Penny (Grace Gummer), a mean-spirited candy striper in the small town of Jupiter, Florida, first encounters Fraulein Elsa Mars (Jessica Lange) as one might a Disney villain. Sporting a ghastly fur stole over her crimson suit and lighting up a Lucky Strike in the hospital corridor, Elsa somehow channels both Cruella de Vil and Ingrid Bergman, winning Penny’s trust with the promise of Continental glamour.
By the end of the first episode of “American Horror Story: Freak Show,” however, the promise sours. As a blue movie starring none other than Penny herself unspools on the titular act’s big tent, Elsa lets loose a memorable screed against “normalcy” itself. “I’ll tell you who the monsters are! The people outside this tent!” she tells the young woman. “You, undoubtedly, will be one of those soulless monsters. Perhaps you already are.”
An insane and insanely enjoyable portrait of the monsters in our midst, “Freak Show” filters the moral revulsion of Tod Browning (director of 1932 cult classic “Freaks”) through the colorful prism of Douglas Sirk, populating its vision of postwar Americana with physically disfigured circus performers and spiritually deformed citizens. As we’ve come to expect from series creators Ryan Murphy and Brad Falchuk, the new season throws everything but the kitchen sink at society’s insiders and outsiders, arriving at a melodramatic, sympathetic, and highly stylized understanding of all the ways difference is policed, and of how those left on the margins try to rise up in resistance. As campy, high-velocity genre fare, “Freak Show” is all in good fun — but as an allegory for the prison of suburban conformity, it’s an American horror story, indeed.
Elsa turns up in the “secure wing” of Jupiter’s hospital to entice conjoined twins Bette and Dot Tattler (Sarah Paulson) to come aboard her struggling “Cabinet of Curiosities,” and their initial conversation establishes a frank interest in queer sexuality that permeates the first two episodes. “Has anyone tasted your cherry pie?” she ventures brazenly, as Bette the skeptic and Dot the naïf telepathically communicate their responses. (The attempt to highlight their individual perspectives in an array of split screen combinations is not deployed consistently enough to be effective, but if you’re expecting directorial consistency from Ryan Murphy, you’ve come to the wrong place.)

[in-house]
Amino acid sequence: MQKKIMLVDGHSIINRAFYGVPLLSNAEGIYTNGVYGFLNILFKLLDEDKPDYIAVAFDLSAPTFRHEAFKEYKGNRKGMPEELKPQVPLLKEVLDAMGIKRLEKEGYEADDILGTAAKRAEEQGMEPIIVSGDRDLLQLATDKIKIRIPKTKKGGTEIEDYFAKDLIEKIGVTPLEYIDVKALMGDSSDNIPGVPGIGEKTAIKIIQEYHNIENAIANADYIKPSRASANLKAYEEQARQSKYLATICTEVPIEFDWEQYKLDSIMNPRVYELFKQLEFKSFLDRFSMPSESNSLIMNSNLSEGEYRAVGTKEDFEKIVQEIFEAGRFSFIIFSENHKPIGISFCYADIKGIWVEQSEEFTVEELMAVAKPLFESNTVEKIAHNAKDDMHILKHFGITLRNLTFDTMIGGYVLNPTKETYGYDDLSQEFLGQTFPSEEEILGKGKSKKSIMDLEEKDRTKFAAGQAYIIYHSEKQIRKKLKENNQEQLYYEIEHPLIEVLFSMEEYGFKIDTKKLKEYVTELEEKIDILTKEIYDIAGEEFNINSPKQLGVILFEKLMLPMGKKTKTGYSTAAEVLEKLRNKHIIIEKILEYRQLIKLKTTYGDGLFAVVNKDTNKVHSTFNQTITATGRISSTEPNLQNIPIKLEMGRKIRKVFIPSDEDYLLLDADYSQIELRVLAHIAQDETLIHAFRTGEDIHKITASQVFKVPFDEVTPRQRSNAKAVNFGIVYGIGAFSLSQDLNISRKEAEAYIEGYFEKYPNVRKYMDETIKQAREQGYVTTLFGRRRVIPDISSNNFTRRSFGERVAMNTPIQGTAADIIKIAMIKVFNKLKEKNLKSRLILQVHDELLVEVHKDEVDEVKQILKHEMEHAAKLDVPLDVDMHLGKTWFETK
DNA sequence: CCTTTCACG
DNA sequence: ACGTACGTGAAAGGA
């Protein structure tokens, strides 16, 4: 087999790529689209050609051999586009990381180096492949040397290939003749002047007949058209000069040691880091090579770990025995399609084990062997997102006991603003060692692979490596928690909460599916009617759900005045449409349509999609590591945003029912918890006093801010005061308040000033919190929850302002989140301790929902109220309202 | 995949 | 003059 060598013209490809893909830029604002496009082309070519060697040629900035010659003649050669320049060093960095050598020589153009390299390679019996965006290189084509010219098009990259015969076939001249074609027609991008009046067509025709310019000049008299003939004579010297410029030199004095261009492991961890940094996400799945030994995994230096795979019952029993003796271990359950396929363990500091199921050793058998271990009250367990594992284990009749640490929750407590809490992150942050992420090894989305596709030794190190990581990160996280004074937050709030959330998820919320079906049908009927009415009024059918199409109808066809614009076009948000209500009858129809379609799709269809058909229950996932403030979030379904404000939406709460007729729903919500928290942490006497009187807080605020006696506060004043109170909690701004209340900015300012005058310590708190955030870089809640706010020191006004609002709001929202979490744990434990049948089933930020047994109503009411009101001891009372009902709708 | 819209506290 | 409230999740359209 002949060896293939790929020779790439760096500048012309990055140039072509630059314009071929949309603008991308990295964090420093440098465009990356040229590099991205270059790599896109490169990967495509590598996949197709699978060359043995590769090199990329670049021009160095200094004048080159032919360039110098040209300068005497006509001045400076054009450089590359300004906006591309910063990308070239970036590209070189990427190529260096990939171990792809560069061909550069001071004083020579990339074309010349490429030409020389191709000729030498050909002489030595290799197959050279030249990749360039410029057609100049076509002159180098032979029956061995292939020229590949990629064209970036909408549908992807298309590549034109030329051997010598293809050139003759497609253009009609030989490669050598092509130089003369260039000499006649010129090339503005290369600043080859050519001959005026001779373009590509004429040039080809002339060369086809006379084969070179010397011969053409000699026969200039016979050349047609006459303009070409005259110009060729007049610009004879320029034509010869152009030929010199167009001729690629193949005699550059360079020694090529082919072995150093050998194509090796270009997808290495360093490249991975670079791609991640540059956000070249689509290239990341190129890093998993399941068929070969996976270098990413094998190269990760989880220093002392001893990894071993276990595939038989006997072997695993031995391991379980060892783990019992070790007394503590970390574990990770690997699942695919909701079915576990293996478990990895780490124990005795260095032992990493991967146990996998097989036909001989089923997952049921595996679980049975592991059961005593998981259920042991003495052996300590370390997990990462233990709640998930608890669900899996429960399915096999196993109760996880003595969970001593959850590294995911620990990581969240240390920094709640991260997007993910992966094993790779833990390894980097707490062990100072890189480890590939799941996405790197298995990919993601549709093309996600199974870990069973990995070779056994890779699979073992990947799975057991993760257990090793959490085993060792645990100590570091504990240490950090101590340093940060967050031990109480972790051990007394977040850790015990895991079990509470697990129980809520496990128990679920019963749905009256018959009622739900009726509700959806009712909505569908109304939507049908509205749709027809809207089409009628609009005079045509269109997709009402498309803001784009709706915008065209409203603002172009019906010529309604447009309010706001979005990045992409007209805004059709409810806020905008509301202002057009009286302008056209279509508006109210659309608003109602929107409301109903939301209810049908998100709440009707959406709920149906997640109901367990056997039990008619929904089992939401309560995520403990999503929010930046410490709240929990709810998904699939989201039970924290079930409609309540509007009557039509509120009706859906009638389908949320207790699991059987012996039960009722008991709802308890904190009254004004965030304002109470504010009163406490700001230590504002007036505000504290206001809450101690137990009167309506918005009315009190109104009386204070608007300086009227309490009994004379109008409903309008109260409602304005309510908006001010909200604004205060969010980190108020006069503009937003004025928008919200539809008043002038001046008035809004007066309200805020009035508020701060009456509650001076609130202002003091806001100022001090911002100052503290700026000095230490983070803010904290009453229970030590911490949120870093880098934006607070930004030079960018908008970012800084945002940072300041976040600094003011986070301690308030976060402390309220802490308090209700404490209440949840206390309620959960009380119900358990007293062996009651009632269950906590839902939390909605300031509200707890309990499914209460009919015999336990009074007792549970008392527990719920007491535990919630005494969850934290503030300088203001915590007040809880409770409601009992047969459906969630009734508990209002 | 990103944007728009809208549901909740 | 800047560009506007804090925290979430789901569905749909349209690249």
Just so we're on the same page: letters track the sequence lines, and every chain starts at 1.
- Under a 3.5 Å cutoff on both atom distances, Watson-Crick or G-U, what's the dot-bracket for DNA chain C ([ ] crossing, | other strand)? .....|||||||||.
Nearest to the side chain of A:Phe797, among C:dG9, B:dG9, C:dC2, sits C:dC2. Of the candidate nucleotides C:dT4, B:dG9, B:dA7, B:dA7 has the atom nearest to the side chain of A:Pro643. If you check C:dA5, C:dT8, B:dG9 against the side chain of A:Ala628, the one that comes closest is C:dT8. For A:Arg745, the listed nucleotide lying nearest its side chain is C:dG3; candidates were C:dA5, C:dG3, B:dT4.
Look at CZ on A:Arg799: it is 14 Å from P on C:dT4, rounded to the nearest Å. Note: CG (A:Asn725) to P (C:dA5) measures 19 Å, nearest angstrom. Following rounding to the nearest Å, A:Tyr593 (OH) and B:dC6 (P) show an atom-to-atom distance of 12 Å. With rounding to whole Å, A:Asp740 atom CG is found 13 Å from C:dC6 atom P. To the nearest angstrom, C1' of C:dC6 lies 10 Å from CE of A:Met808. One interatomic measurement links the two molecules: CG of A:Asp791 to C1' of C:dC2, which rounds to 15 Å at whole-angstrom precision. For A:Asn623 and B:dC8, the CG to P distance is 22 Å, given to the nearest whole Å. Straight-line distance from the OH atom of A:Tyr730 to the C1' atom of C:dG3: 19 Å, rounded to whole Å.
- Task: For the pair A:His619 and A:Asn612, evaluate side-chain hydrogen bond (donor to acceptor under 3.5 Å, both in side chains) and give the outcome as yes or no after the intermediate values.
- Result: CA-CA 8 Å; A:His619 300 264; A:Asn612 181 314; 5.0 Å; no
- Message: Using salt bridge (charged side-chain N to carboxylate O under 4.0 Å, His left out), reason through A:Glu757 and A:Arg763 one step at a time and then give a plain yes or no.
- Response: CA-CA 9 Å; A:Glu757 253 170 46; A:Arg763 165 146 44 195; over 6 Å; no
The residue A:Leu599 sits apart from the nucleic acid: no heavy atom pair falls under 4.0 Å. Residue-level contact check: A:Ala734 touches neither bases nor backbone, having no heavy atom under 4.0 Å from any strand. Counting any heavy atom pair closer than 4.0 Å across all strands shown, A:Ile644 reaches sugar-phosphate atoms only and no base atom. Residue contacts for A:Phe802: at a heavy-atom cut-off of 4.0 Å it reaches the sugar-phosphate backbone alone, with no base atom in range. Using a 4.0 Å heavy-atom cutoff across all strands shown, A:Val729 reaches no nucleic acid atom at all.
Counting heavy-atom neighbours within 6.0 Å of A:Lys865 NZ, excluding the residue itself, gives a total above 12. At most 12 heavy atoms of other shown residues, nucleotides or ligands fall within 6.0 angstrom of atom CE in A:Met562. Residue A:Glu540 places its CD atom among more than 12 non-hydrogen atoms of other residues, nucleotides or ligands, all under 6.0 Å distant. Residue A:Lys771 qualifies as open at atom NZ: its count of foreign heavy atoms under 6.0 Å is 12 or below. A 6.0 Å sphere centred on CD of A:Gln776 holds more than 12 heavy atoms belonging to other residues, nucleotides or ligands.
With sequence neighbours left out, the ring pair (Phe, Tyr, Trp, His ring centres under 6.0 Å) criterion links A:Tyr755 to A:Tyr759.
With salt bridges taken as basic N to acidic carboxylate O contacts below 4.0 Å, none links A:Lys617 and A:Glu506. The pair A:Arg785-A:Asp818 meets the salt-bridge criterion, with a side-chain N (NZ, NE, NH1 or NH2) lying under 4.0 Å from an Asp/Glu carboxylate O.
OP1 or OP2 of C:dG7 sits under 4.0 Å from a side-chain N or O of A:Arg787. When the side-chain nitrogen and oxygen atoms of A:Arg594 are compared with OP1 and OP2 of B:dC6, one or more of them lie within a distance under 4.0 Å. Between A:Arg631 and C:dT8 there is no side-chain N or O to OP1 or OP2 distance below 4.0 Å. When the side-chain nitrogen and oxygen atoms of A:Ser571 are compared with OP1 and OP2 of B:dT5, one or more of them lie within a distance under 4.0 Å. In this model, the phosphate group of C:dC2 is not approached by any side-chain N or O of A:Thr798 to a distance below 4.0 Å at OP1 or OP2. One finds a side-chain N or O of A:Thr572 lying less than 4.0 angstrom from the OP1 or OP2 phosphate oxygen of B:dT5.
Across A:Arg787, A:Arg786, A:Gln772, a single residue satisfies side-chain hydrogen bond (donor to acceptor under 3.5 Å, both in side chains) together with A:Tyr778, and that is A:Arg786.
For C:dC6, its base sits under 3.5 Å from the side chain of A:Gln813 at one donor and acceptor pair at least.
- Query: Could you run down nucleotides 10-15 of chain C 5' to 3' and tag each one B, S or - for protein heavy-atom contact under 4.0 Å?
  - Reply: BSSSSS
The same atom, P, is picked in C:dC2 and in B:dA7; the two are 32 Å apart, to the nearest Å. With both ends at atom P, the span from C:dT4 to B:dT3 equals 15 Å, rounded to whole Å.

There’s also a three-breasted hermaphrodite (Angela Bassett) and her angry strongman husband (Michael Chiklis), not to mention Jimmy “Lobster Boy” Darling (Evan Peters), who brings in money by pleasuring dissatisfied women at afternoon Tupperware parties with his massive, claw-like hands. “This new product is a lifesaver for the American housewife,” the hostess proclaims. In “Freak Show” the deadening force of the normative is always colliding with the lively energy of the strange, producing a tremendous subversive spark.
To this end, while “Freak Show” alludes to the famed “one of us” line from Browning’s classic “Freaks” (1932), it transforms the performers’ chant into a revolutionary mantra. “Kill the copper!” they cry over supper in the encampment one night, before staging a sit-in of sorts at a Jupiter diner the next day: wrestling with a mess of ideas about coming out, civil disobedience, and political violence, “AHS” remains an ardently ideological series dressed up in Hollywood glitz. It’s way too much and then some — there’s a subplot involving a serial killer, a childlike sociopath (Finn Wittrock), and his overbearing mother (Frances Conroy) that resembles something like Alfred Hitchcock’s “Electric Kool-Aid Acid Test” — but it’s vitally, radically way too much, a vivid, bloody stab at the conventions of mainstream serial drama in its own right.
And so “Freak Show” may be forgiven for flagging slightly in the second hour, slowed by its jungle of characters, narrative devices, aesthetic influences, and nods at pop culture, because it’s the rare series that allows all of us freaks a turn in the spotlight. The season premiere culminates in an anachronistic and deliriously brilliant musical homage to David Bowie, with a batshit star turn by Jessica Lange that I could scarcely imagine anywhere else on television. The sequence is glittering, surreal, and proudly out-of-place, much like the series itself. Indeed, in embracing the queer and rejecting the orthodox, “AHS: Freak Show” is anything but monstrous: it has soul.
“American Horror Story: Freak Show” premieres Wednesday at 10pm on FX.